In September 2009 I posted my first tweet. It was a short poem (see below) by one of my favourite poets, J. V. Cunningham. Twitter was still in its relatively early days – you had to use a forward slash to signify a line break in a poem – and I wondered how I could use it. I decided to try to post a poem a day for a year on my twitter account @poemtoday. When the year ended, I continued the task, and I continued to find interesting poems to post. Now I have decided to anthologise some of these poems, to group them together under certain loose categories.
Searching for poems to post – and the search continues – introduced me to a world of poetry where concision is dominant. I make no great claims for the poems chosen – a coconut macaroon is not a peppered steak, let alone a 5 course meal – but I do make claims for them. They have all been chosen because, in their own brief way, they give pleasure. And more.
Some can condense great feeling in a short space. That celebrated anonymous poem – and I discovered numerous anonymous poems of great depth and concision on my exploratory adventures in the realm of the brief poem – about the Western Wind (see below) says more in its four short lines about loneliness, separation and love than most longer poems. And some of the poems gain poignancy from the circumstances of their composition. Sir Walter Raleigh’s poem “On the snuff of a candle the night before he died” gains from the tragedy and bravery of its circumstances.
Mention of Raleigh leads to the area of translation. Robert Frost famously declared that “Poetry is what gets lost in translation”, but reading Raleigh’s version of Catullus below makes me declare that poetry is often what gets discovered in translation. That brief quatrain, in its rhythms, rhymes, ideas, images and concision, is a miniature masterpiece. And so I have posted many brief poems in translation, aware at all times that brevity requires clarity. And then there is the manic, mischievous bawdy world of Marcus Valerius Martialis (known in English as Martial) but that is another world and another post.
The world of the epigram and the couplet and the power of both is summed up in Coleridge’s brief definition below but he also signals a word of warning in another poem. Suffice to say I have tried to find the swans amidst the fog. The limitations of the epigram and the short poem are skilfully dissected by David Barber in the best essay I have read on the topic (see Links below) and, if my journey has led me to disagree with him on many matters, I also acknowledge that these poems are not necessarily as nourishing as some longer poems. However, I cannot help preferring some short poems by Ezra Pound to vast swathes of The Cantos.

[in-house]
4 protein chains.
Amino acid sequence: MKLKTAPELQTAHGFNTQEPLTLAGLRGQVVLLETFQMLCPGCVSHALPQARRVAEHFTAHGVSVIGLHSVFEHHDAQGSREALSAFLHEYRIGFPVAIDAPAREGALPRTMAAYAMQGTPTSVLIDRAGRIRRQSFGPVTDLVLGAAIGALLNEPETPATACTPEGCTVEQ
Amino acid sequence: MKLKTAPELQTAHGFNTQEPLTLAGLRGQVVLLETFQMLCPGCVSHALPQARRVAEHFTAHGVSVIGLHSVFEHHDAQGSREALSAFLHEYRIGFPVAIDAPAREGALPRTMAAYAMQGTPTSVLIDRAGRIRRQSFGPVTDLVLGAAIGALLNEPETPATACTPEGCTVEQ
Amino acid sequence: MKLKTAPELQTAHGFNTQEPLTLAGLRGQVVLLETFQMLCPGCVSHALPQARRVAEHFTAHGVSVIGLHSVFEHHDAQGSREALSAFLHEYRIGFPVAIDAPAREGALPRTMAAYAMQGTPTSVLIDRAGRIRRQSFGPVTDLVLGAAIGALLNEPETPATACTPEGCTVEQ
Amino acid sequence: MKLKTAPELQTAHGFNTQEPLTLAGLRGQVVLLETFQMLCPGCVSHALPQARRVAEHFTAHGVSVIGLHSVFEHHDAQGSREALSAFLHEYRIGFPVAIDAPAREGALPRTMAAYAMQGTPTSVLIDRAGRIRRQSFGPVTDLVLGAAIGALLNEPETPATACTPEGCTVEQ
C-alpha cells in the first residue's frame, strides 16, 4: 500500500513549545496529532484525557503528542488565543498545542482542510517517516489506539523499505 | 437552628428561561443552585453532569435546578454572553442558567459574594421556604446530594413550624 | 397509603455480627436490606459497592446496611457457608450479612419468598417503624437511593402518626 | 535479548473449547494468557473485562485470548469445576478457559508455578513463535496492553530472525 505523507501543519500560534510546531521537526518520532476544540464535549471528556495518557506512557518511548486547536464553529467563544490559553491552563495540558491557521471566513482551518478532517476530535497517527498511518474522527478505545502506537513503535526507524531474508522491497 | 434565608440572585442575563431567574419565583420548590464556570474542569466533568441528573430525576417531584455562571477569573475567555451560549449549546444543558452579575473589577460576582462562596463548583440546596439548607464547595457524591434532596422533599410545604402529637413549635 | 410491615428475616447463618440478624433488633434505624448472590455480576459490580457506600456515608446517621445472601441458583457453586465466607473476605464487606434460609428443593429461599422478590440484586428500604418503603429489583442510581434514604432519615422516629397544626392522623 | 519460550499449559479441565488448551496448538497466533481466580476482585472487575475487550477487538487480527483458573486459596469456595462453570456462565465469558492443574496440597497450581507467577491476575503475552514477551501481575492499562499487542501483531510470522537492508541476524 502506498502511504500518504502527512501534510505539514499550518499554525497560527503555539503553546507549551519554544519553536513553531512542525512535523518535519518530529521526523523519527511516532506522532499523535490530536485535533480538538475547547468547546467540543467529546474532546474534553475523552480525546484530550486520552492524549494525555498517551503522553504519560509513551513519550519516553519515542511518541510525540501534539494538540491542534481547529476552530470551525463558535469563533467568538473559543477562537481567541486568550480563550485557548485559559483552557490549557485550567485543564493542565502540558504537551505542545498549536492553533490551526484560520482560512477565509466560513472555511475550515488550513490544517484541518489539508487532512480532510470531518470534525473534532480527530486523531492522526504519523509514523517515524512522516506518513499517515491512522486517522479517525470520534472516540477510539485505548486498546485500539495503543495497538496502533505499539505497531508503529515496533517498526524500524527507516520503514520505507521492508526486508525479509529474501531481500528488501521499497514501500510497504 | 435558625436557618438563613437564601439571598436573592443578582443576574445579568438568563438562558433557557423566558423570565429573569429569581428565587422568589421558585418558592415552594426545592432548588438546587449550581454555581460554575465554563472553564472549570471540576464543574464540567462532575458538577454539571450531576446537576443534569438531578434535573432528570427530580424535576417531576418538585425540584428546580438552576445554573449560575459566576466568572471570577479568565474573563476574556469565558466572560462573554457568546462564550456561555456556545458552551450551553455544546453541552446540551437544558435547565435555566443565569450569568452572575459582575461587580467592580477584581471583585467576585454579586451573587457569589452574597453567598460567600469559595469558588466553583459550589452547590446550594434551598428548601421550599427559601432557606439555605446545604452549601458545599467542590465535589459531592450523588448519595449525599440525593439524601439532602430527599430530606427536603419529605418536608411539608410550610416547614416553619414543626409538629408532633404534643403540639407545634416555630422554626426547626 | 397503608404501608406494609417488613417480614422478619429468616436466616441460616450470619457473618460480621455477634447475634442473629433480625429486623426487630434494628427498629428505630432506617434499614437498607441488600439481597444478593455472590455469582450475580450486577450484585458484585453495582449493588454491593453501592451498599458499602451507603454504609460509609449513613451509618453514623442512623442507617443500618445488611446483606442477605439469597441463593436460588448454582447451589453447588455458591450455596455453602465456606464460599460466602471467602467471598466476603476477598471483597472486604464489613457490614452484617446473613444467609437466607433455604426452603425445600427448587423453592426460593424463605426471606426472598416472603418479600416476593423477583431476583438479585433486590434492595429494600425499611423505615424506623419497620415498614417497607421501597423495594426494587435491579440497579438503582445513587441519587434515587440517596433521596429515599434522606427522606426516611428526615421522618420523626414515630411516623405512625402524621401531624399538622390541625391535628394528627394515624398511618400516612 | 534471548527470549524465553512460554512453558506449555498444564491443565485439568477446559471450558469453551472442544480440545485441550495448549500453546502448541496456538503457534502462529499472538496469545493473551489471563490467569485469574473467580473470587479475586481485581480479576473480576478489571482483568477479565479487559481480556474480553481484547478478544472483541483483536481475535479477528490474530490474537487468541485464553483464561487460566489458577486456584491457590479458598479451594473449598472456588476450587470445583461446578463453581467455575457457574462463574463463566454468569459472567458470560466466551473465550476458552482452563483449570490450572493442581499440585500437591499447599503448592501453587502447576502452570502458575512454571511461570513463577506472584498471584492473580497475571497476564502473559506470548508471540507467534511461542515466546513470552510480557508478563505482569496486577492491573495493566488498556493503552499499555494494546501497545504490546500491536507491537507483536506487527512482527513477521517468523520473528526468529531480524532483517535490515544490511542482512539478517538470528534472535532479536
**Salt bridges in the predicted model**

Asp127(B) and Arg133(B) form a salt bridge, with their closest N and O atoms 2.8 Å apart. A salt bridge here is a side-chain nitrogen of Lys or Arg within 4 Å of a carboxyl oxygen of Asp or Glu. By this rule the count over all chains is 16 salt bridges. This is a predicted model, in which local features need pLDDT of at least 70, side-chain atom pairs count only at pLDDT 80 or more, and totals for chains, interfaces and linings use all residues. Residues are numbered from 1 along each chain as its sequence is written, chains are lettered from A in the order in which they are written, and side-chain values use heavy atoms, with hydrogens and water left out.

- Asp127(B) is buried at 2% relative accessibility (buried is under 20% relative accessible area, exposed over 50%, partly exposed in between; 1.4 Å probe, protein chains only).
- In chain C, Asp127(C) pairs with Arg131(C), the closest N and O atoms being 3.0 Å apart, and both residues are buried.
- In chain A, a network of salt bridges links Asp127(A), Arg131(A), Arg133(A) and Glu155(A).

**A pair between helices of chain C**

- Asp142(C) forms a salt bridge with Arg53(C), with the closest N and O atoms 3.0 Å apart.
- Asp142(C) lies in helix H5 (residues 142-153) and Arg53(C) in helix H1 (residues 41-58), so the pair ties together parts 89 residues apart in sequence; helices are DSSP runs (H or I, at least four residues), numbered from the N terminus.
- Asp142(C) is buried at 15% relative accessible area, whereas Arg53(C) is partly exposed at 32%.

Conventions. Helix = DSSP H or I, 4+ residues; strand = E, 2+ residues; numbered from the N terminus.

I could, of course, have tweeted haiku on a daily basis. The three line form fits the limitations of the 140 character limit. But I began with a disdain for the form – it may, I thought, work well in Japanese but not in English – that gradually grew into a grudging appreciation of its possibilities. Every year, for example, on New Year’s Day, I post the powerful plangent haiku Seamus Heaney wrote about his father. Some poems deserve reposting.
This is an odd and intriguing world where you will find poems of only one line in length (the monostich: a single line poem). I discovered one word poems (including the most expensive poem in existence written by Aram Saroyan which I will post about later) and titles that had no words attached. I discovered poems in skilfully arranged letters that made up no words. I discovered a world which is one I wish to share by anthologising in a slightly systematic way some of the poems I have posted over the years.
I hope you enjoy the adventure.
A BRIEF SAMPLE OF BRIEF POEMS
Here lies my wife. Eternal peace
Be to us both with her decease.
J. V. Cunningham
Westron wynde, when wylt thow blow
The smalle rayne downe can rayne?
Cryst yf my love were in my armys
And I yn my bed agayne!
Anonymous (16th Century)
ON THE SNUFF OF A CANDLE THE NIGHT BEFORE HE DIED
Cowards may fear to die; but courage stout,
Rather than live in snuff, will be put out.
Sir Walter Raleigh
From Catullus V
The sun may set and rise,
But we, contrariwise,
Sleep, after our short light,
One everlasting night.
Sir Walter Raleigh
What is an Epigram? A dwarfish whole,
Its body brevity, and wit its soul.
Samuel Taylor Coleridge
On a Volunteer Singer
Swans sing before they die—’twere no bad thing
Should certain persons die before they sing.
Samuel Taylor Coleridge
A drop of venom, a little bit of gall.
Lacking these, my friend, your epigrams lack all.
(Translated by Richard O’Connell)
I am His Highness’ dog at Kew;
Pray tell me, sir, whose dog are you?
“Faith” is a fine invention
when Gentlemen can see —
But Microscopes are prudent
In an Emergency.
In a Station of the Metro
The apparition of these faces in the crowd;
Petals on a wet, black bough.
The Red Wheelbarrow
so much depends
a red wheel
glazed with rain
beside the white
William Carlos Williams
For sale: baby shoes, never worn.
Their Sex Life
One failure on
Top of another
A. R. Ammons
But this year I face the ice
with my father’s stick.
David Barber’s Essay A Brief for the Epigram